Cyprus bank deposits to be taxed in $13 billion bailout
Euro-area finance ministers agreed to an unprecedented tax on Cypriot bank deposits as officials unveiled a 10 billion-euro ($13 billion) rescue plan for the country, the fifth since Europe’s debt crisis broke out in 2009.
Cyprus will impose a levy of 6.75 per cent on deposits of less than 100,000 euros — the ceiling for European Union account insurance — and 9.9 per cent above that. The measures will raise 5.8 billion euros, in addition to the emergency loans, Dutch Finance Minister Jeroen Dijsselbloem, who leads the group of euro-area ministers, told reporters early today after 10 hours of talks in Brussels. The International Monetary Fund may contribute to the package and junior bondholders may also be tapped in a socalled bail-in, the ministers’ statement said.
Officials have struggled to find an agreement that would rescue Cyprus, which accounts for just half of a per cent of the euro region’s economy, without unsettling investors in larger countries and sparking a new round of market contagion. Finance Minister Michael Sarris said the plan was the “least onerous” of the options Cyprus faced to stay afloat.
“This decision should not be compared to the ideal, but to the very real possibility that much more money could have been lost in a bankruptcy of the banking system or indeed of the country,” Sarris said in Brussels.
“Further measures concern the increase of the withholding tax on capital income, a restructuring and recapitalisation of banks, an increase of the statutory corporate income tax rate and a bail-in of junior bondholders,” according to a statement released by ministers after the talks. It didn’t specify whether bank or sovereign bond holders could be affected.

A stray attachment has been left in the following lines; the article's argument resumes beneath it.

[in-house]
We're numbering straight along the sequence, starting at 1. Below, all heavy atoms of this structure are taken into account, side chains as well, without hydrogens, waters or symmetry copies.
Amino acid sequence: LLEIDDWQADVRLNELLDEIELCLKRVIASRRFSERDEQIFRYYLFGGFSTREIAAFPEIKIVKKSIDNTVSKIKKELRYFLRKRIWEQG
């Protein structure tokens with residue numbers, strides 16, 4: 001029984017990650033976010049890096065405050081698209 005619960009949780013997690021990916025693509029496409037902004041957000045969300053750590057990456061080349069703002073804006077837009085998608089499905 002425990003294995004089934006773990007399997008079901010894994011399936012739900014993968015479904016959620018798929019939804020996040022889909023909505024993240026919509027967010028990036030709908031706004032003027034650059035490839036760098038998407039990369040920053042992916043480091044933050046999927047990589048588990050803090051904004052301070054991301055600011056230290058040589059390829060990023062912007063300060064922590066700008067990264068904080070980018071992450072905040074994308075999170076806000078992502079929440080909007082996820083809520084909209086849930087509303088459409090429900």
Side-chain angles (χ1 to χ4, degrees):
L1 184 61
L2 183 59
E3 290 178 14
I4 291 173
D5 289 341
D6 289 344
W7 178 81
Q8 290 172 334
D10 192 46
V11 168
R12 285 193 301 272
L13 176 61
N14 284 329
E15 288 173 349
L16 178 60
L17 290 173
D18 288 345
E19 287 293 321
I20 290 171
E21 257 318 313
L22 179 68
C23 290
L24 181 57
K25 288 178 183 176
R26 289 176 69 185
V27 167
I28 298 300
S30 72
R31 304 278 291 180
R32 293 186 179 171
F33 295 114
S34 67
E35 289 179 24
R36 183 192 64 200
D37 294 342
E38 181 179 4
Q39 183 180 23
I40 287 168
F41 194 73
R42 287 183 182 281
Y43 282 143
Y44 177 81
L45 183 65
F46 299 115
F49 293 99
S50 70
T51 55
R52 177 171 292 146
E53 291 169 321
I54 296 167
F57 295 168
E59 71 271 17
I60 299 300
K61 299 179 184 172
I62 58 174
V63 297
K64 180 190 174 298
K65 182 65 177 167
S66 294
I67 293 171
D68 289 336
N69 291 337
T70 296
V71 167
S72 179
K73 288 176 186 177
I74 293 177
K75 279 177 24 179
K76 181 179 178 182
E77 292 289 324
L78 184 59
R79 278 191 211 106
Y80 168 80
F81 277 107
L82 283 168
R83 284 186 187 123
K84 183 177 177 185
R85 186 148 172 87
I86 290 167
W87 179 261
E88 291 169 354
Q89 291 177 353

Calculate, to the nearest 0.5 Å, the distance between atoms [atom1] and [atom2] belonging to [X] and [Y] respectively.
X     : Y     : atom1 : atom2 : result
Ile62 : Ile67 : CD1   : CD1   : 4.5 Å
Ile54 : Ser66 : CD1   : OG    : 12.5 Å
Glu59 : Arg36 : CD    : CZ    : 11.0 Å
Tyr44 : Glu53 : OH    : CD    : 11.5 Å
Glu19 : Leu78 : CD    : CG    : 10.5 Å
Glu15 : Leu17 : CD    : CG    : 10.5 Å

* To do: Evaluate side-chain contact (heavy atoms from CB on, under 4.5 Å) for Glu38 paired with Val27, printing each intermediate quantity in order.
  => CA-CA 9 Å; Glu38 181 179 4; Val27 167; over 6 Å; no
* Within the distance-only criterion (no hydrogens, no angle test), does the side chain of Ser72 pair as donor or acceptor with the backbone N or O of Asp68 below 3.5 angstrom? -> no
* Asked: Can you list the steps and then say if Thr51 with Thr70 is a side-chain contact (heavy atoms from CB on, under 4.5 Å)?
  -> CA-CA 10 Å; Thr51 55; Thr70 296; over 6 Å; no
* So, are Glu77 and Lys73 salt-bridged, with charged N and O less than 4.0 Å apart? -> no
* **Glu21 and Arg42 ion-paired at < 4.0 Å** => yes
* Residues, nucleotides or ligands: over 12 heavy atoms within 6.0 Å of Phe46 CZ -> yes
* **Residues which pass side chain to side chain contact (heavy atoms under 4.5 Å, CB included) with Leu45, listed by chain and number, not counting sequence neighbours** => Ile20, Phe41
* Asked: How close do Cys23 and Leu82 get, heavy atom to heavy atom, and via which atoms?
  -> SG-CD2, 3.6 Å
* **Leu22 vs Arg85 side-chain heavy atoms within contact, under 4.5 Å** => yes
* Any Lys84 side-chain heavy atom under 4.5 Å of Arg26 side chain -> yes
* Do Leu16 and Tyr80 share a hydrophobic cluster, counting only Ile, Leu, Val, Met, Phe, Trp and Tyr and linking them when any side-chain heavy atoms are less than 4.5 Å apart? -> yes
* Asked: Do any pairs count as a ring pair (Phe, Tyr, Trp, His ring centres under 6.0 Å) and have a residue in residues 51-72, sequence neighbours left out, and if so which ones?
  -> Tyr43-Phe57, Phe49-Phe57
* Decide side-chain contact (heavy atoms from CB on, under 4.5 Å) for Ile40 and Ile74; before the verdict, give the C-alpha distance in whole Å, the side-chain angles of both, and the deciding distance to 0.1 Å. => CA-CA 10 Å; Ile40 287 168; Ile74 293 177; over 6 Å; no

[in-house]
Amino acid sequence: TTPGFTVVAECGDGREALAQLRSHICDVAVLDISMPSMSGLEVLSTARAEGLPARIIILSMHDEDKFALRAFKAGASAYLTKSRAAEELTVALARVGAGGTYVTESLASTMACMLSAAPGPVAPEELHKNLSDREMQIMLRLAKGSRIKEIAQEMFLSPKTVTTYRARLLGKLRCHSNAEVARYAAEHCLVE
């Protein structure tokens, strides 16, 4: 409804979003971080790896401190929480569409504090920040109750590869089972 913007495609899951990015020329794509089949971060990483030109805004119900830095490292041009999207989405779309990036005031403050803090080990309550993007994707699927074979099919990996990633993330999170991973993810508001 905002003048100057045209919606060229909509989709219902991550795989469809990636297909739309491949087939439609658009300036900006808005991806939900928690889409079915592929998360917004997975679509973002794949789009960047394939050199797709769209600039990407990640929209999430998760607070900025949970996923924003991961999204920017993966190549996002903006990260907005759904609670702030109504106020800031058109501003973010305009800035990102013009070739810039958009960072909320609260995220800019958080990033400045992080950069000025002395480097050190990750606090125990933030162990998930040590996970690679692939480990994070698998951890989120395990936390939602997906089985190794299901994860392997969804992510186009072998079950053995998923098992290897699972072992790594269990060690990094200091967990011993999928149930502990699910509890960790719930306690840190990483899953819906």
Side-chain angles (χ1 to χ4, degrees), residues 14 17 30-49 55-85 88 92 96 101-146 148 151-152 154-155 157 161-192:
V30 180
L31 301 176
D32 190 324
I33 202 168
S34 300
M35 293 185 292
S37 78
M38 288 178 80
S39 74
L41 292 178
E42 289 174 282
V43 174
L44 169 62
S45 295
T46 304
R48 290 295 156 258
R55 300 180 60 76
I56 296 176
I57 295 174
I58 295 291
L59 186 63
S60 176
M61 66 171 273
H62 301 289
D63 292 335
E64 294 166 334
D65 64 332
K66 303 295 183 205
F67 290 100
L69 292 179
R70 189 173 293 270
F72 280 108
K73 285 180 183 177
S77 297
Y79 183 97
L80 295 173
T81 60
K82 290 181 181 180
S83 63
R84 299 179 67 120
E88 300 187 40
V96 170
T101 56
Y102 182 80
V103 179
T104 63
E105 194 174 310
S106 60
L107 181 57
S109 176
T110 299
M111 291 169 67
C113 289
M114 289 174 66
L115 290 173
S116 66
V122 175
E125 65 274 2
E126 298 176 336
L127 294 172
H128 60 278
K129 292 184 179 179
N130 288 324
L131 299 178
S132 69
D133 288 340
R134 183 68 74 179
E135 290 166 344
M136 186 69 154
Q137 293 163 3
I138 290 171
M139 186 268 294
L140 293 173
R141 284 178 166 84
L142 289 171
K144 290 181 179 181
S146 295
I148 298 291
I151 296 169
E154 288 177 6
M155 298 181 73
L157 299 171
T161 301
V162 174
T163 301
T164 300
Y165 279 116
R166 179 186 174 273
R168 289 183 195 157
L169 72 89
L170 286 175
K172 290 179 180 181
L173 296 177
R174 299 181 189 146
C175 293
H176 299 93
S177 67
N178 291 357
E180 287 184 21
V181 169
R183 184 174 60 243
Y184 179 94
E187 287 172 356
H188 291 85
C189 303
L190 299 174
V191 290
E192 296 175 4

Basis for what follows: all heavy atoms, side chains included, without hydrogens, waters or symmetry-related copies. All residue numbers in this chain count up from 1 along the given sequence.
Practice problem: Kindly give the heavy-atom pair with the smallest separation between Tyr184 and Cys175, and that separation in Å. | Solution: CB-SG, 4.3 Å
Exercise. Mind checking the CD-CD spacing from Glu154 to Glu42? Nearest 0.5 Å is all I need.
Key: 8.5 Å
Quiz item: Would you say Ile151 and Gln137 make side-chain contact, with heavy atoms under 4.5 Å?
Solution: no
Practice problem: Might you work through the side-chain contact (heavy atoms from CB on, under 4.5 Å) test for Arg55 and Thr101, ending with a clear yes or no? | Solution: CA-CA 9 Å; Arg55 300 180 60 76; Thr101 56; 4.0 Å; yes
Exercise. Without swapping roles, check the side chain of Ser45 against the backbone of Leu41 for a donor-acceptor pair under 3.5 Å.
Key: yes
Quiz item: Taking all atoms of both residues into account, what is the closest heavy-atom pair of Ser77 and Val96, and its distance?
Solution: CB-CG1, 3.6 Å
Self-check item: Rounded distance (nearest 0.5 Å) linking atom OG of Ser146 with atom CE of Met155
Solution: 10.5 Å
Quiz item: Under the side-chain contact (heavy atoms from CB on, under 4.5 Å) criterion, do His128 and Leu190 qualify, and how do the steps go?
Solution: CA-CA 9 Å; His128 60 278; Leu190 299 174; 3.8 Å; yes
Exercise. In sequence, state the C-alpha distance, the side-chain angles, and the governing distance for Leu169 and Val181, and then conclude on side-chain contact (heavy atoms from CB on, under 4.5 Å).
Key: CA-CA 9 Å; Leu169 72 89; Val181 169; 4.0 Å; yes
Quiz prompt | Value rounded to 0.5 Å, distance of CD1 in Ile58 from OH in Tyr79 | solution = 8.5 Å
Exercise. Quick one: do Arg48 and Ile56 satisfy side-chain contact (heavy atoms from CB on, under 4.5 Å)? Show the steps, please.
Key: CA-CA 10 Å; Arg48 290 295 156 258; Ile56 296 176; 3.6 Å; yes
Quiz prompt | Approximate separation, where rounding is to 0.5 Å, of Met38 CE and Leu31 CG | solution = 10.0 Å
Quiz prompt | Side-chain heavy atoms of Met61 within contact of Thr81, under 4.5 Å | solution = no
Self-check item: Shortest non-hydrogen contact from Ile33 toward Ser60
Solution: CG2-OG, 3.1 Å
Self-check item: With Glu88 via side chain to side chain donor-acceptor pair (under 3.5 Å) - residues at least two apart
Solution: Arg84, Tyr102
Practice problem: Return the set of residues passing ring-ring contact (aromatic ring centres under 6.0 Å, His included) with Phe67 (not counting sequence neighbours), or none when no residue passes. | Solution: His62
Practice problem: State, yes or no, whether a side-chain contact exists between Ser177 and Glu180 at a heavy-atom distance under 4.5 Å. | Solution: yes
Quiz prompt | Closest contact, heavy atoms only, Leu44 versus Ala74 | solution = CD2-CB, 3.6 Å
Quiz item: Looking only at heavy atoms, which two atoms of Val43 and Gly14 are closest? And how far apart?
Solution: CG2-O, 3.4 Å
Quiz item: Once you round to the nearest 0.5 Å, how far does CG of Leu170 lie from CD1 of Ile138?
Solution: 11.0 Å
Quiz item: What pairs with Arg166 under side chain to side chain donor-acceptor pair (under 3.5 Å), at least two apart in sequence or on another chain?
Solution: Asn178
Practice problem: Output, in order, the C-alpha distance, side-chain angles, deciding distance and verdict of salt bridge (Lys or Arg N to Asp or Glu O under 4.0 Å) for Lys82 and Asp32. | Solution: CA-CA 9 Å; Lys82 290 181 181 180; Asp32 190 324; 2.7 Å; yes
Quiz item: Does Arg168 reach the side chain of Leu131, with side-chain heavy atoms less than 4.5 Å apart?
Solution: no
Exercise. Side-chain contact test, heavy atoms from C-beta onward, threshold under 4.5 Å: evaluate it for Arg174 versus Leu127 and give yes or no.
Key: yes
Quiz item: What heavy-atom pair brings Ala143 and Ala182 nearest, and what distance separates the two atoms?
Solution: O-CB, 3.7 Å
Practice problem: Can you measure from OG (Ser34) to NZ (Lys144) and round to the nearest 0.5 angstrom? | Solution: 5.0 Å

The European Central Bank will use its existing facilities to make funds available to Cypriot banks as needed to counter potential bank runs. Depositors will receive bank equity as compensation.
While the tax on deposits carries some risks of setting a precedent for other countries in the euro area, the ECB has shown it’s prepared to do what it takes to preserve the currency union, said Holger Schmieding, chief economist at Berenberg Bank in London.
“We are optimistic that it will not spark massive contagion,” Schmieding said in a note. “Still, with the unprecedented haircut on Cypriot bank deposits we are in uncharted territory again.”
The tax on deposits, as well as hurting wealthy Russians with money in Cypriot banks, will also sting ordinary citizens. Some ATMs in the country ran out of cash, Erotokritos Chlorakiotis, general manager of the Cooperative Central Bank, told state-run CYBC.
Funds to pay the levy were frozen in accounts immediately, ECB Executive Board Member Joerg Asmussen said. The levy will be assessed before Cypriot banks reopen on March 19 after a March 18 national holiday. Sarris said electronic transfers will also be limited until then.
“As it is a contribution to the financial stability of Cyprus, it seems just to ask a contribution of all deposit holders,” Dijsselbloem said, noting the country’s financial industry was five times the size of its economy. The plan includes “unique measures” that address the “exceptional nature” of Cyprus and show “inflexible commitment to financial stability and the integrity of the euro area.”
The IMF will consider contributing money to the rescue, said IMF Managing Director Christine Lagarde, who travelled to Brussels for the talks. “We believe that the proposal as outlined by Jeroen.